NEW YORK (AP) — Stocks are opening moderately lower in early trading on Wall Street, finding some stability a day after their biggest drop in nearly two years. The S&P 500, the benchmark for many index funds, fell 0.7% in the early going. It’s down 18.3% from the record high it set early this year, nearly at the 20% point that defines a bear market. Investors have been worried that the soaring inflation that’s hurting people shopping for groceries and filling their cars up is also wolloping company profits. Target fell another 3% a day after losing a quarter of its value on a surprisingly weak profit report.
THIS IS A BREAKING NEWS UPDATE. AP’s earlier story follows below.
NEW YORK (AP) — Wall Street headed for more losses at the open following the previous day’s rout amid persistently high inflation and its potential effect on corporate profits and consumer spending.
Futures for the S&P 500 and Dow Jones Industrial Average slid 0.9% Thursday before the bell.
Shares in Europe and Asia fell sharply following plunging U.S. markets.
Germany’s DAX was down 1.6% at midday, while the CAC 40 in Paris declined 1.7% and Britain’s FTSE 100 shed 2.1%.
On Wednesday, the Dow sank more than 1,100 points, or 3.6%. The S&P 500 had its biggest drop in nearly two years, shedding 4%, and the tech-heavy Nasdaq fell 4.7%.
The benchmark index is now down more than 18% from the record high it reached at the beginning of the year. That’s just shy of the 20% decline that’s considered a bear market.
“The sentiment in the market is highly negative as traders and investors are largely concerned about an economic downturn and soaring inflation,” Naeem Aslam of Avatrade said.
Rising interest rates, high inflation, the war in Ukraine and a slowdown in China’s economy have caused investors to reconsider the prices they’re willing to pay for a wide range of stocks, from high-flying tech companies to traditional automakers.
The last bear market happened just two years ago, but this would still be a first for those investors that got their start trading on their phones during the pandemic. For years, thanks in large part to extraordinary actions by the Federal Reserve, stocks often seemed to go in only one direction: up. Now, the familiar rallying cry to “buy the dip” after every market wobble is giving way to fear that the dip is turning into a crater.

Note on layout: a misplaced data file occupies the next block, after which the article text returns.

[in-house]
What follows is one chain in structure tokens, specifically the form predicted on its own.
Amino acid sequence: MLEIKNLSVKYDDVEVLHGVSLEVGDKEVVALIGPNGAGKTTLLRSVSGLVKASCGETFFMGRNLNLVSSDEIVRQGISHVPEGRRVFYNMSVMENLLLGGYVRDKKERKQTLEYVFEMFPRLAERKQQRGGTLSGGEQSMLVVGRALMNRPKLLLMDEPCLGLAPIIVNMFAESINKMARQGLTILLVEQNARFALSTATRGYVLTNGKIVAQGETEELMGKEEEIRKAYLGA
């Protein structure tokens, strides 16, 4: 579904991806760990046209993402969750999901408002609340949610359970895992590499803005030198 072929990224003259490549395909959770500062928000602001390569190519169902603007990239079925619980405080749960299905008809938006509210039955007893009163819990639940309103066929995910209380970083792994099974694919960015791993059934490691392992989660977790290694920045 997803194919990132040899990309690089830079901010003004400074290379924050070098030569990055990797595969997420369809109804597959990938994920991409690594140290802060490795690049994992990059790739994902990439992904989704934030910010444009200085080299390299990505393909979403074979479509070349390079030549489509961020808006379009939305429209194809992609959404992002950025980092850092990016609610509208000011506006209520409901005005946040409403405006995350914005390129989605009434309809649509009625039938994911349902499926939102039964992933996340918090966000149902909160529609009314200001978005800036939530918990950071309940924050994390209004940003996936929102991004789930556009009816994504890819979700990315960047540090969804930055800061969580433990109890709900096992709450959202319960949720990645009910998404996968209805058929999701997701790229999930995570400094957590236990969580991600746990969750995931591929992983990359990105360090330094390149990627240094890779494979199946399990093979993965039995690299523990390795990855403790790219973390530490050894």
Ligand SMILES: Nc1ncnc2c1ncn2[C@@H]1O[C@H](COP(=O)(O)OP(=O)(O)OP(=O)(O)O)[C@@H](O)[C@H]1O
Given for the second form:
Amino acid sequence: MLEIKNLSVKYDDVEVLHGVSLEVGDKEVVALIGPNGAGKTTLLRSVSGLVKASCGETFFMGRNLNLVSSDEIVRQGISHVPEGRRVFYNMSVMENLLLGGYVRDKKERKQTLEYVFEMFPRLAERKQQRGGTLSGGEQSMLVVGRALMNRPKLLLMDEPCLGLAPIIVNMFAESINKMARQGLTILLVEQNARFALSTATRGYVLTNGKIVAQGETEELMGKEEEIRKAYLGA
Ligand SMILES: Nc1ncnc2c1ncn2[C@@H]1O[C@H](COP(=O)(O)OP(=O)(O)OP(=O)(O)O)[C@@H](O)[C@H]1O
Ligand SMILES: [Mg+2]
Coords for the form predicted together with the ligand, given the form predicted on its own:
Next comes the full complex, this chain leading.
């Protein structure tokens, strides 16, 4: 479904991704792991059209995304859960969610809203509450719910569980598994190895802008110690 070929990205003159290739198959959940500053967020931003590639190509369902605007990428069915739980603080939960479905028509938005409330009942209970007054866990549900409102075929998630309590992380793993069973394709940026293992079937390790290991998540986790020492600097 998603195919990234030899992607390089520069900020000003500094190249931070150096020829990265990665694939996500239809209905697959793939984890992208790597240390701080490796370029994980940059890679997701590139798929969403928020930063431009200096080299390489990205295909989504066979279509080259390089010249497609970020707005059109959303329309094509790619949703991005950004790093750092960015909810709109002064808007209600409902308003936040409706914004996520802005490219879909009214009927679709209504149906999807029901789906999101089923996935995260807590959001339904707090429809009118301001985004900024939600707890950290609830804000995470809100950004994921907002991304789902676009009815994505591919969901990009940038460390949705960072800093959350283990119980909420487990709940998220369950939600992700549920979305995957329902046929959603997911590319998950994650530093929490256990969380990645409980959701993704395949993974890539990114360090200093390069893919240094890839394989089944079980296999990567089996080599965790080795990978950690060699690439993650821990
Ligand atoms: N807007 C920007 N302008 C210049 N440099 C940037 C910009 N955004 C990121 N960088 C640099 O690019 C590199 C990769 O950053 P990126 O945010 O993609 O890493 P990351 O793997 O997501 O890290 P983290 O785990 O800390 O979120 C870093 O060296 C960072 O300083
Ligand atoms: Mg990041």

The Federal Reserve is trying to temper the impact from the highest inflation in four decades by raising interest rates. Many other central banks are on a similar track. But the Bank of Japan has stuck to its low interest rate policy and the gap between those benchmark rates of the world’s largest and third-largest economies has pushed the dollar’s value up against the Japanese yen.
Japan reported a trade deficit for April as its imports ballooned 28%. The shift reflects surging energy costs amid the war in Ukraine and a weakening of the yen against the U.S. dollar.
The Nikkei 225 in Tokyo lost 1.9% to 26,402.84 and the Hang Seng in Hong Kong dropped 2.5% to 20,120.60. In South Korea, the Kospi shed 1.3% to 2,592.34, while Australia’s S&P/ASX 200 gave up 1.7% to 7,064.50.
The Shanghai Composite index reversed earlier losses, gaining 0.4% to 3.096.96.
On Wednesday, retailer Target lost a quarter of its value after reporting earnings that fell far short of analysts’ forecasts. Inflation, especially for shipping costs, dragged its operating margin for the first quarter to 5.3%. It had been expecting 8% or higher.
The company warned that its costs for freight this year would be $1 billion higher than it estimated just three months ago.
The report comes a day after Walmart said its profit took a hit from higher costs. The nation’s largest retailer fell 6.8%, adding to its losses from Tuesday.
Target and Walmart each provided anecdotal evidence that inflation is weighing on consumers, saying they held back on purchasing big-ticket items and changed from national brands to less expensive store brands.
The weak reports stoked concerns that stubbornly rising inflation is putting a tighter squeeze on a wide range of businesses and could cut deeper into their profits.
Other big retailers also have racked up hefty losses.
The data are not entirely consistent. On Tuesday, the market cheered an encouraging report from the Commerce Department that showed retail sales rose in April, driven by higher sales of cars, electronics, and more spending at restaurants.
Investors worry the Fed could trigger a recession if it raises interest rates too high or too quickly. Worries persist about global growth as Russia’s invasion of Ukraine puts even more pressure on prices for oil and food while lockdowns in China to stem COVID-19 cases worsens supply chain problems.
In other trading, benchmark U.S. crude oil declined $1.27 to $108.32 per barrel in electronic trading on the New York Mercantile Exchange. It dropped $2.81 to $109.59 on Wednesday.
Brent crude, the basis for pricing for international trading, slipped 71 cents to $108.40 per barrel.
The dollar fell to 127.92 Japanese yen from 128.20 yen late Wednesday. The euro strengthened to $1.0514 from $1.0464.